ACWUS at Acara

– by Shruti Syal

 

The coming fortnight charts ACWUS’ progress through the development of its business plans. We work on our Stakeholder Plan, Financial Plan and current budget, Funding Application, Construction Plan, Monitoring Plan, and Recruitment Plan as the Acara Summer Institute steers our progress to lay the best plans.

 

 

Day One was about icebreakers, introductions, and layouts. Check out ACWUS’ plan layout in the image above. While we’re focused on delivery of hands-on ecological education, which would be a more immediate source of income, we’re focused on achieving the following end goals for future revenues:

 

Proof that we’re hard at work ūüôā

 

 

 

Day Two was about DESIGN. Specifically, Human-Centred Design. We participated in activities that focus on understanding customer needs and speedily developing prototypes to suit their requirements. As much as it has been helpful to to learn about the point of our education in environmental and sustainability studies through the lens of ACWUS, this exercise definitely helped by going OUT of context. It gives a sense of how to develop prototypes for different things, developing a generalized way of looking at product / service generation.

 

So far, our interactions have been exclusively with organizations. The colleges we’d like involved in the program, the professionals we’d like contributing to the development and actual execution of ACWUS, the potential apex coordinator, the organizations who could work with us on ICT…although we have had informal, undocumented, uncategorized interactions with the residents of the JJCs and students who would be the direct benefactors of one of the services we generate. Time to formalize those.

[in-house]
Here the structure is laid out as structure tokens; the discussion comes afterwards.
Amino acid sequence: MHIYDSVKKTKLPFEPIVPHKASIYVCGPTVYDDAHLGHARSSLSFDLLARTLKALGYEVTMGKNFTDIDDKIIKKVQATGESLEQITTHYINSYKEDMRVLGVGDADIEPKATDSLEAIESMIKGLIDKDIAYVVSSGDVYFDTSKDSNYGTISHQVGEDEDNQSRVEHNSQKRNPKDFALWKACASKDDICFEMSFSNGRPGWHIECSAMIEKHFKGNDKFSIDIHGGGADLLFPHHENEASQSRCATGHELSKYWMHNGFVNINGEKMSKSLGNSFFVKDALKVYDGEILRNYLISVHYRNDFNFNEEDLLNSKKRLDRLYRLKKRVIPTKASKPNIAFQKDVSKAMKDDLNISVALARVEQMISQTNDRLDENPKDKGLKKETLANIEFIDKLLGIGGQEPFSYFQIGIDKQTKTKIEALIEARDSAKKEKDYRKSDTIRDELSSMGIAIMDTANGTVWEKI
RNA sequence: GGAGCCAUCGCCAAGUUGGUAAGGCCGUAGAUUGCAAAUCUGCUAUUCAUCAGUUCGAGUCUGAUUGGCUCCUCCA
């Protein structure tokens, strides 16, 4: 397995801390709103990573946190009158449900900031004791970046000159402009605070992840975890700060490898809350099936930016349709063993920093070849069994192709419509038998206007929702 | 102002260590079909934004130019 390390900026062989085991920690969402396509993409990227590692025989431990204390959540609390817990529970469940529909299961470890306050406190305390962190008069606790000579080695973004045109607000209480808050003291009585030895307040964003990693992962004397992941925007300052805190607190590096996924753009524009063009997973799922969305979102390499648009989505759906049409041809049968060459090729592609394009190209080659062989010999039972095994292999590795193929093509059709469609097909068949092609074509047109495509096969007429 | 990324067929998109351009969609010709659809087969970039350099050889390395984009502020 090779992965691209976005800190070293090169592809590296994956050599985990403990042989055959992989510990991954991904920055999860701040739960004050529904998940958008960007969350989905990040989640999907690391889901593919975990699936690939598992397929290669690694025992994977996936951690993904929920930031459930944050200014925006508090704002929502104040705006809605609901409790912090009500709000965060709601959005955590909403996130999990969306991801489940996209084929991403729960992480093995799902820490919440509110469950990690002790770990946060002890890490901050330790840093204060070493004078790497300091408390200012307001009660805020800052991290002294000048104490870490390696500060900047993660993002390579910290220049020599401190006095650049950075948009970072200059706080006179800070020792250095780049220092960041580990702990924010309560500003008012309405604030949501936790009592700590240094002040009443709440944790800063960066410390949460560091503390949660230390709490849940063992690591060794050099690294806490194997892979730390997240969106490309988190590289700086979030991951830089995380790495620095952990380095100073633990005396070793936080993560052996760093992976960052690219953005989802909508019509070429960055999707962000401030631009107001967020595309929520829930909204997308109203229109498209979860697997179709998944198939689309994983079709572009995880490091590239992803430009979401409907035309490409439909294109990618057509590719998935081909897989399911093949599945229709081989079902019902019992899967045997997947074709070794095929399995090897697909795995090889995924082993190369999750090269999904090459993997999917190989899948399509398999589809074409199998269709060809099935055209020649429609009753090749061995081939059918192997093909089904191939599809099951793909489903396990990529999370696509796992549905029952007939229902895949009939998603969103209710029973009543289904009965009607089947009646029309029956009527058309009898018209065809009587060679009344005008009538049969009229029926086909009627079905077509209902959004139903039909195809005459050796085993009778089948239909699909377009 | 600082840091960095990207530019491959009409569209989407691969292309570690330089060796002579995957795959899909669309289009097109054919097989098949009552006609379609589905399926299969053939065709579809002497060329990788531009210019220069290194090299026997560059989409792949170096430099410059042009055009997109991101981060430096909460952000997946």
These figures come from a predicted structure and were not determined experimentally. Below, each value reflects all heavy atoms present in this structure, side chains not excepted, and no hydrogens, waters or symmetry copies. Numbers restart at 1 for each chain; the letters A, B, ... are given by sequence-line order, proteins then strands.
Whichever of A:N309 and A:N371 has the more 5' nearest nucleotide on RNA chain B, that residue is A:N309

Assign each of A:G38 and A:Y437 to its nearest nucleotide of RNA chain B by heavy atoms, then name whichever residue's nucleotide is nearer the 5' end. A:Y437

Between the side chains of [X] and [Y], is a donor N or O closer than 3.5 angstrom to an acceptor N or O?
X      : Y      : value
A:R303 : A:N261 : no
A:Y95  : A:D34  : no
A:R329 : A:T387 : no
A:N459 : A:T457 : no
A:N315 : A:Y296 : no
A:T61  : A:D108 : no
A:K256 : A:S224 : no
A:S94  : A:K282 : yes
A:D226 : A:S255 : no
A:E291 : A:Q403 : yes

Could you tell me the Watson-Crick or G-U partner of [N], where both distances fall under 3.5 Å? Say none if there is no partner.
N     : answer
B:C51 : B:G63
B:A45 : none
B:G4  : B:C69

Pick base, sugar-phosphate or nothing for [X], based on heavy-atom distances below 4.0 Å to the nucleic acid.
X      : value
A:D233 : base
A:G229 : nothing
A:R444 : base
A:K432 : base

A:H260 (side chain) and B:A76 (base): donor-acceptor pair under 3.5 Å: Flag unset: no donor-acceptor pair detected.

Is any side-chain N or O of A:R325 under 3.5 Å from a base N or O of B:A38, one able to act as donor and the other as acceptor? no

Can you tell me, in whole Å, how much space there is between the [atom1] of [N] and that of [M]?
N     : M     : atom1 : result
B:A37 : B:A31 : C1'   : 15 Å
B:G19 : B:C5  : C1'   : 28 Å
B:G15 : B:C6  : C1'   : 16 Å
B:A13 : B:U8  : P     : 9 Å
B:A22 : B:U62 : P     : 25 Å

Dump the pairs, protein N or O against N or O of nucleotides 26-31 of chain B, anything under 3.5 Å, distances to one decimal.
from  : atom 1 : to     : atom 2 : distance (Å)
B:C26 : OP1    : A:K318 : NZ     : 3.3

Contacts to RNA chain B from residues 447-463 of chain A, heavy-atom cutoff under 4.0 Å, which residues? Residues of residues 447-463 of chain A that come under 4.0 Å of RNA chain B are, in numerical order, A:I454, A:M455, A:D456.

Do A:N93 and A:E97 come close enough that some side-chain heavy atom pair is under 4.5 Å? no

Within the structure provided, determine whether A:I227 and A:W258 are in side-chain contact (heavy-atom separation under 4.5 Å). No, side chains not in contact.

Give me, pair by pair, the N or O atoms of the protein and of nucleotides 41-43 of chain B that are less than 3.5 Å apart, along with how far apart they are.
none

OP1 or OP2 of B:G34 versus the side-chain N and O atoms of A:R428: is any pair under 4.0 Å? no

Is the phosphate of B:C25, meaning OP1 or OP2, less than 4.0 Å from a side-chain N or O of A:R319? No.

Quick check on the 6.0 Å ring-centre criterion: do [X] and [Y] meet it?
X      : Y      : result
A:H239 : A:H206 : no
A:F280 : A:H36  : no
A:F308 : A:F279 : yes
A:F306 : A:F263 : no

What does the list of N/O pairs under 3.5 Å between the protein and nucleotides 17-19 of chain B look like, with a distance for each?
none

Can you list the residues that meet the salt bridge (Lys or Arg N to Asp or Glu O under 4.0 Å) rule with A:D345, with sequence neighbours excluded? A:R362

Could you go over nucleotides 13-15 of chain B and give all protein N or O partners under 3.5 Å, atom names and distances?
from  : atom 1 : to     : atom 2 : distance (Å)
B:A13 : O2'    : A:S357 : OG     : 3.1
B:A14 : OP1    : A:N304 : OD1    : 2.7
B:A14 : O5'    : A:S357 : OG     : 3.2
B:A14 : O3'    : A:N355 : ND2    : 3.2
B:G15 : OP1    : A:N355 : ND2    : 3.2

The second bit we covered are details on our business model, identifying clearly the following categories:

Customer Segments

Value Propositions

Delivery Channels

Customer Streams

Key Resources

Key Activities

Key Partnerships

Cost Structures

The best part about developing one’s work into these segments certainly makes it easier to represent on a public platform. It, sometimes, makes us aware of something we may not have thought of as yet, or a different way of looking at things, or raises the necessity to shift priorities in order to develop ACWUS into a full-fledged venture. It’s funny how generating a score on all segments actually gives you a clear measure of maturity. This Business Model Canvas Maturity Model (BMCMM) has been articulated by the University of Minnesota (organizers of the Acara Challenge and Summer Institute), licensed under the Creative Commons Attribution ShareAlike 3.0 Unported License.

Here’s our brief:

Gotta love post-its.

 

 

 

Day Three was about elevator pitches. The idea was to generate a 250-word explanation of what ACWUS does and why, how, and what makes its approach better than the current alternatives. The day was spent working on social, financial, and environmental value propositions that could be pitched to investors / funding agents.